1/4 cup oil-packed sundried tomatoes, finely chopped
1/4 cup finely chopped fresh Italian parsley
1/2 cup crumbled bleu cheese (or 1 4-ounce log goat cheese, crumbled)

Preheat the oven to 450 degrees. Arrange the baguette slices on a parchment-lined baking sheet, spray both sides of each slice with olive oil spray, and bake the bread for 5 minutes on each side, or until the croutes are brown and crispy on both sides. Set aside.

Meanwhile, cut the little cauliflower florets off the stalks and into about 3/4” pieces, reserving the thick part of the stalks for another use.

Preheat a large skillet over medium-low heat. Add the olive oil, the garlic, and the anchovies, and cook for a few minutes, stirring frequently, until the garlic is fragrant (but not browned) and the anchovies begin to melt into the oil. Increase the heat to medium, add the cauliflower, season with salt and pepper, and cook, stirring, until the cauliflower is almost cooked through and beginning to brown in places, about 5 minutes.

Add the olives and sundried tomatoes, and cook another 2 minutes, stirring. Remove the pan from the heat, stir in the parsley and cheese, and check for seasoning. Let the mixture sit for a few minutes so the cheese has a chance to melt, stir it again to distribute the cheese, and then pile the topping onto the croutes. Serve warm or at room temperature.

5 Comments

Filed under appetizers, bread, commentary, recipe, Seattle, vegetables

5 responses to “Now I am in Seattle

  1. Nancy

    You know, I keep hearing that Seattle pedestrians wait for the light to change, but I’ve got to wonder, do I live in the same city? Is my Seattle in an alternate universe? Because the pedestrians in my experience tend to wander out into the street whenever they choose, often nowhere near a crosswalk, without so much as a glance over the shoulder to check for cars, discussing things like “Do you know how Ghandi died” with fellow pedestrians as they amble through the drizzle …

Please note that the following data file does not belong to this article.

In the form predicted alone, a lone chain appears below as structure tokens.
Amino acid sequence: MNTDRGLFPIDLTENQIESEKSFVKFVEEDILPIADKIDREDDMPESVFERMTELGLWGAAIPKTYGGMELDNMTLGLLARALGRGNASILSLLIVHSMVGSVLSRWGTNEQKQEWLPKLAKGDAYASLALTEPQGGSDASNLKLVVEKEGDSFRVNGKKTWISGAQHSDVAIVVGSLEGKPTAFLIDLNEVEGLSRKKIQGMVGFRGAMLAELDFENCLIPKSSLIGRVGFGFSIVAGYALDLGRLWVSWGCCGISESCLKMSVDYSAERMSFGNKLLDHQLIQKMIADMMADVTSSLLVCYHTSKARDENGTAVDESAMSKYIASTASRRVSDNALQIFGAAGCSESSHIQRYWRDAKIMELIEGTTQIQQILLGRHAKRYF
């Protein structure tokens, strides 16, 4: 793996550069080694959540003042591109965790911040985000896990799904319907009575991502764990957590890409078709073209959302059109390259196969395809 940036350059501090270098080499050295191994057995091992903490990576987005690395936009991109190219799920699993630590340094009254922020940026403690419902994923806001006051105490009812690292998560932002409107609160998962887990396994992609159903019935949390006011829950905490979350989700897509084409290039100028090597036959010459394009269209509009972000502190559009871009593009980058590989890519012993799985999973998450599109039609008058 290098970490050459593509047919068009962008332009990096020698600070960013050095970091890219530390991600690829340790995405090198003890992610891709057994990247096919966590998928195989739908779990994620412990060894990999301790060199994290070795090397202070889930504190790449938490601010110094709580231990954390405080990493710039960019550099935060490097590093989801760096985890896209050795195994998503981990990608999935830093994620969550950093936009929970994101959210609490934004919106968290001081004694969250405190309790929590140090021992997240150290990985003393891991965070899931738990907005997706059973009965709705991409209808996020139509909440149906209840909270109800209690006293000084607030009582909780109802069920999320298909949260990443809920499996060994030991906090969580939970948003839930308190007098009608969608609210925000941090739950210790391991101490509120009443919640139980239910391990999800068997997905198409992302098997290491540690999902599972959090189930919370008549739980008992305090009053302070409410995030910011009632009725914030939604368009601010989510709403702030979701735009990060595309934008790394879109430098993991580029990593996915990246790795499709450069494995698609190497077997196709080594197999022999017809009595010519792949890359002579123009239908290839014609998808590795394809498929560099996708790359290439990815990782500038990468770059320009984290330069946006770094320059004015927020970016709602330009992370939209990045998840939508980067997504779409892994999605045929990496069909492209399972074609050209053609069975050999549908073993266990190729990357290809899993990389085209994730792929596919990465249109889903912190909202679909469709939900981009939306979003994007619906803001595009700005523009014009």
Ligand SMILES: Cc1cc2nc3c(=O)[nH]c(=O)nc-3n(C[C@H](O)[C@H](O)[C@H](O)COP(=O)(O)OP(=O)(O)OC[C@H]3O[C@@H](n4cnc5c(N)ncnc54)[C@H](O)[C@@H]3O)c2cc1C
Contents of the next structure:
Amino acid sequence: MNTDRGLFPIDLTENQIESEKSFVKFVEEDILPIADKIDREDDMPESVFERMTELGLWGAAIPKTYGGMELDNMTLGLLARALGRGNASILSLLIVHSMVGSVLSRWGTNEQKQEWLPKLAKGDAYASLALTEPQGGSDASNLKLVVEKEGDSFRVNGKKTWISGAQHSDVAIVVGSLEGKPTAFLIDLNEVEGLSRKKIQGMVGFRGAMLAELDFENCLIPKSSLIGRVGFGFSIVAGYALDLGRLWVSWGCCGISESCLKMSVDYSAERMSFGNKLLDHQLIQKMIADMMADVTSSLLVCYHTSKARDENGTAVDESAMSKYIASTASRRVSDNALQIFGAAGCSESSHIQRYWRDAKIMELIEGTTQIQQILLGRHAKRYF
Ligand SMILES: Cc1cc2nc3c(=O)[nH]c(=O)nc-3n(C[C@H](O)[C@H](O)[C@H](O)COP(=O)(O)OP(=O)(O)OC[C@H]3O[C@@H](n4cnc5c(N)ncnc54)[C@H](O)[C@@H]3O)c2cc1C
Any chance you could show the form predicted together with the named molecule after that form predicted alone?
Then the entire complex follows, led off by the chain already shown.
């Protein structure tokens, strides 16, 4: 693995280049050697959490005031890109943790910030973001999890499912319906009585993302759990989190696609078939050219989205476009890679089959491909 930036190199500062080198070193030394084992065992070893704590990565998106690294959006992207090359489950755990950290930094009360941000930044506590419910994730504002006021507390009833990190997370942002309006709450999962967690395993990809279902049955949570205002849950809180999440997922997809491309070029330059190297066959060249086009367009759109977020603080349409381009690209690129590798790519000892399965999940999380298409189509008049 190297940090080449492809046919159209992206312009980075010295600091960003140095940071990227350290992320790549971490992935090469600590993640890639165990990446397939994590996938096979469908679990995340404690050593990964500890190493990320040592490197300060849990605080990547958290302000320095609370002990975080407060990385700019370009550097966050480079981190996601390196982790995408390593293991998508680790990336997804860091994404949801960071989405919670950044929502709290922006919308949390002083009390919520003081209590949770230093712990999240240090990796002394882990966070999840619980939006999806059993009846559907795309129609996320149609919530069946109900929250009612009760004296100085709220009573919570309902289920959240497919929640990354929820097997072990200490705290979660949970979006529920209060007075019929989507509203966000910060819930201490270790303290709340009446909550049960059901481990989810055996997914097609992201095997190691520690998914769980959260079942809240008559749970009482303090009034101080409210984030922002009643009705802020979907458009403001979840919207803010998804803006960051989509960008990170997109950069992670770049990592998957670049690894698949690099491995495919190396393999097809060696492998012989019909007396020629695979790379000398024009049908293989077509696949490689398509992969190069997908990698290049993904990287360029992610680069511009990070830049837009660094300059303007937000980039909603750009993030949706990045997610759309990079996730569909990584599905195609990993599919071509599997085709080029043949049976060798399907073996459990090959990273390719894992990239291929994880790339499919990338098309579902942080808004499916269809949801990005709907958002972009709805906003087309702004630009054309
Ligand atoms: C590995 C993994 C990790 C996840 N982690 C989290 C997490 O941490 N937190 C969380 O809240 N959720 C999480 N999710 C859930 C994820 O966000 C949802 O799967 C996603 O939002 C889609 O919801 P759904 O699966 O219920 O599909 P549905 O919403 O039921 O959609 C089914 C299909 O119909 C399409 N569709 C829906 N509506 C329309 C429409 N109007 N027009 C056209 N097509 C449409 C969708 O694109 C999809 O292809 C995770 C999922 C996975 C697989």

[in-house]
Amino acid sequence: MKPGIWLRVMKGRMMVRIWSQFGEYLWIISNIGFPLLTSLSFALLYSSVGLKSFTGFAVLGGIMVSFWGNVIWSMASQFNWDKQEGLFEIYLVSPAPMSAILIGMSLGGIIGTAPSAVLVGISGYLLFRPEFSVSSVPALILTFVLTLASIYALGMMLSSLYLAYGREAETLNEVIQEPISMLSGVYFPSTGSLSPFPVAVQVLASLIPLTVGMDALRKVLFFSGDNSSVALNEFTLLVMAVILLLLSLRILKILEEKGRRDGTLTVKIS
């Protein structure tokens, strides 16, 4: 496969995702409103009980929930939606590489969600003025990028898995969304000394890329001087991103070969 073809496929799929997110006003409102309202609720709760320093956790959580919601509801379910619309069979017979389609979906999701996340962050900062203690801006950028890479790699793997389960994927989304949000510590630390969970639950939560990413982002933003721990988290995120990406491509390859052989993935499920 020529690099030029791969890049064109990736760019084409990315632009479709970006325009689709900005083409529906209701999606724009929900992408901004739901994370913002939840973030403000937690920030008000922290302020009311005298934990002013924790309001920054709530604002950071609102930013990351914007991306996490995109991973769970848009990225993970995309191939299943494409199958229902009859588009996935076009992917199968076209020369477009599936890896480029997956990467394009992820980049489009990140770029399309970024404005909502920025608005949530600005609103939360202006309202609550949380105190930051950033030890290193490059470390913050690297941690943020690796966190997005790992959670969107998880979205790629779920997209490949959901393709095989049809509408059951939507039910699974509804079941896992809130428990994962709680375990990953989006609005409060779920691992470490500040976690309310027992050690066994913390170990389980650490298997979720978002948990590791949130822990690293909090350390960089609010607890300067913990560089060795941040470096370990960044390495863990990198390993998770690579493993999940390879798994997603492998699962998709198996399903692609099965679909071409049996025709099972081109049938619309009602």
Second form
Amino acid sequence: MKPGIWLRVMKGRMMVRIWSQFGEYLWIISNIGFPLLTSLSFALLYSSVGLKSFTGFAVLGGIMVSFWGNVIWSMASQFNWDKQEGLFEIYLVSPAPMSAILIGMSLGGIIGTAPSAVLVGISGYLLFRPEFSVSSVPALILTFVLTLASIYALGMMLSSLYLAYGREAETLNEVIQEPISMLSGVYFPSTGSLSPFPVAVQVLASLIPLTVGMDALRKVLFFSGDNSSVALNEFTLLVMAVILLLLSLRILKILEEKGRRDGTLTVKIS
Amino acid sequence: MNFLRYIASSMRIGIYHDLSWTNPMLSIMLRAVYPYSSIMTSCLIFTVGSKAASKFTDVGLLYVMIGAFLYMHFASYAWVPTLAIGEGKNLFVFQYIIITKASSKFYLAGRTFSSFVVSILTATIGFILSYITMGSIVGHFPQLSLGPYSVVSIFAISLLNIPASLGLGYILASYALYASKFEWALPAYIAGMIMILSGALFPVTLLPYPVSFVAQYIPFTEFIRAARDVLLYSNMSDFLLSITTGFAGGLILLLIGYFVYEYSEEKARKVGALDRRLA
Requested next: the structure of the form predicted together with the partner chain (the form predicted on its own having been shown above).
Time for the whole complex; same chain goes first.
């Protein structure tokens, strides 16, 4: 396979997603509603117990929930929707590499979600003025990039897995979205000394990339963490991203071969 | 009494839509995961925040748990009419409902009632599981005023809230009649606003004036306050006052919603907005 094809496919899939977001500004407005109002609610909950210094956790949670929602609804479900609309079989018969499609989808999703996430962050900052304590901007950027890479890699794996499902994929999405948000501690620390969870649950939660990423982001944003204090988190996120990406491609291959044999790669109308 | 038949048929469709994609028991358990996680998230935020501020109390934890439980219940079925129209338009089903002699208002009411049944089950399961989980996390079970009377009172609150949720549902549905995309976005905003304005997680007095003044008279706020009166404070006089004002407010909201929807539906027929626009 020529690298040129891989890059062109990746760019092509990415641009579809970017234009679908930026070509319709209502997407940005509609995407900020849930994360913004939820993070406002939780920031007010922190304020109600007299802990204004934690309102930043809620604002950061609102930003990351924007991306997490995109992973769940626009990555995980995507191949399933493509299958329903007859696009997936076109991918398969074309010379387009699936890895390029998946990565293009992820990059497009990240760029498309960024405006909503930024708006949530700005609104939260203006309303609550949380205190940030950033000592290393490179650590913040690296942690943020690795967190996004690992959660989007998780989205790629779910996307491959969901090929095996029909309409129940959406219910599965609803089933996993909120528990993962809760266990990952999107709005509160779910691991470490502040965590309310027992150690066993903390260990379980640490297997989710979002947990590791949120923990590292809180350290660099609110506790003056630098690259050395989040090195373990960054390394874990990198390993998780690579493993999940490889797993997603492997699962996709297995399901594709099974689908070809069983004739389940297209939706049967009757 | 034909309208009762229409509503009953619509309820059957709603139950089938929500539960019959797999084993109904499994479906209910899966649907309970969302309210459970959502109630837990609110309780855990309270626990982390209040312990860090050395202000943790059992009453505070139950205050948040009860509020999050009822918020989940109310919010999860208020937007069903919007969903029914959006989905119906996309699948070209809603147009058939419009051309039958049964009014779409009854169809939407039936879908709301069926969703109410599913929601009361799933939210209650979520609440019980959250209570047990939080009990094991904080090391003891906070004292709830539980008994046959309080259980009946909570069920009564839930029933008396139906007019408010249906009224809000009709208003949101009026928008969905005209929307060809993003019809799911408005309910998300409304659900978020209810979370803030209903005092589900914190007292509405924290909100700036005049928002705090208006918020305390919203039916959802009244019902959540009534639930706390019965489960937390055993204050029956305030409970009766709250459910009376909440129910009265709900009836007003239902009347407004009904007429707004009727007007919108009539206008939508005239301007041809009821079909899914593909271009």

2. I would love to find your Seattle. I get great pleasure (much to my husband’s horror) from darting out in front of cars.

  3. Jenny

    I really appreciated your observations on the Seattlite. I have had all these experiences as well having been transplanted here from the Detroit area some 3 years ago. I swear, the first year I was here I offended so many people by actually saying hello, or driving faster than 50 on the highway and not having the northwest “women’s haircut”. I am really exhausted by passive-aggressive behavior that always has me puzzled! By the way, I get great enjoyment from reading your daily blog. Thanks.

  4. Oh yes, I know the haircut. But people have been pretty liberal toward me with their hellos – perhaps because I’m almost always with a dog?

    Thanks for reading!

  5. Jenny

    Yes, the haircut. My locks defy and argue with the spitting mist/humidity – the only way to tame has been with a drawer full of expensive products and I flat out refuse to concede to the short, pracitcal look. Not happening, definately not me. Hellos have been liberal as of late, but I think it is because I have learned how to react to the Seattle quirkiness. Maybe, I’VE changed!!! Ha.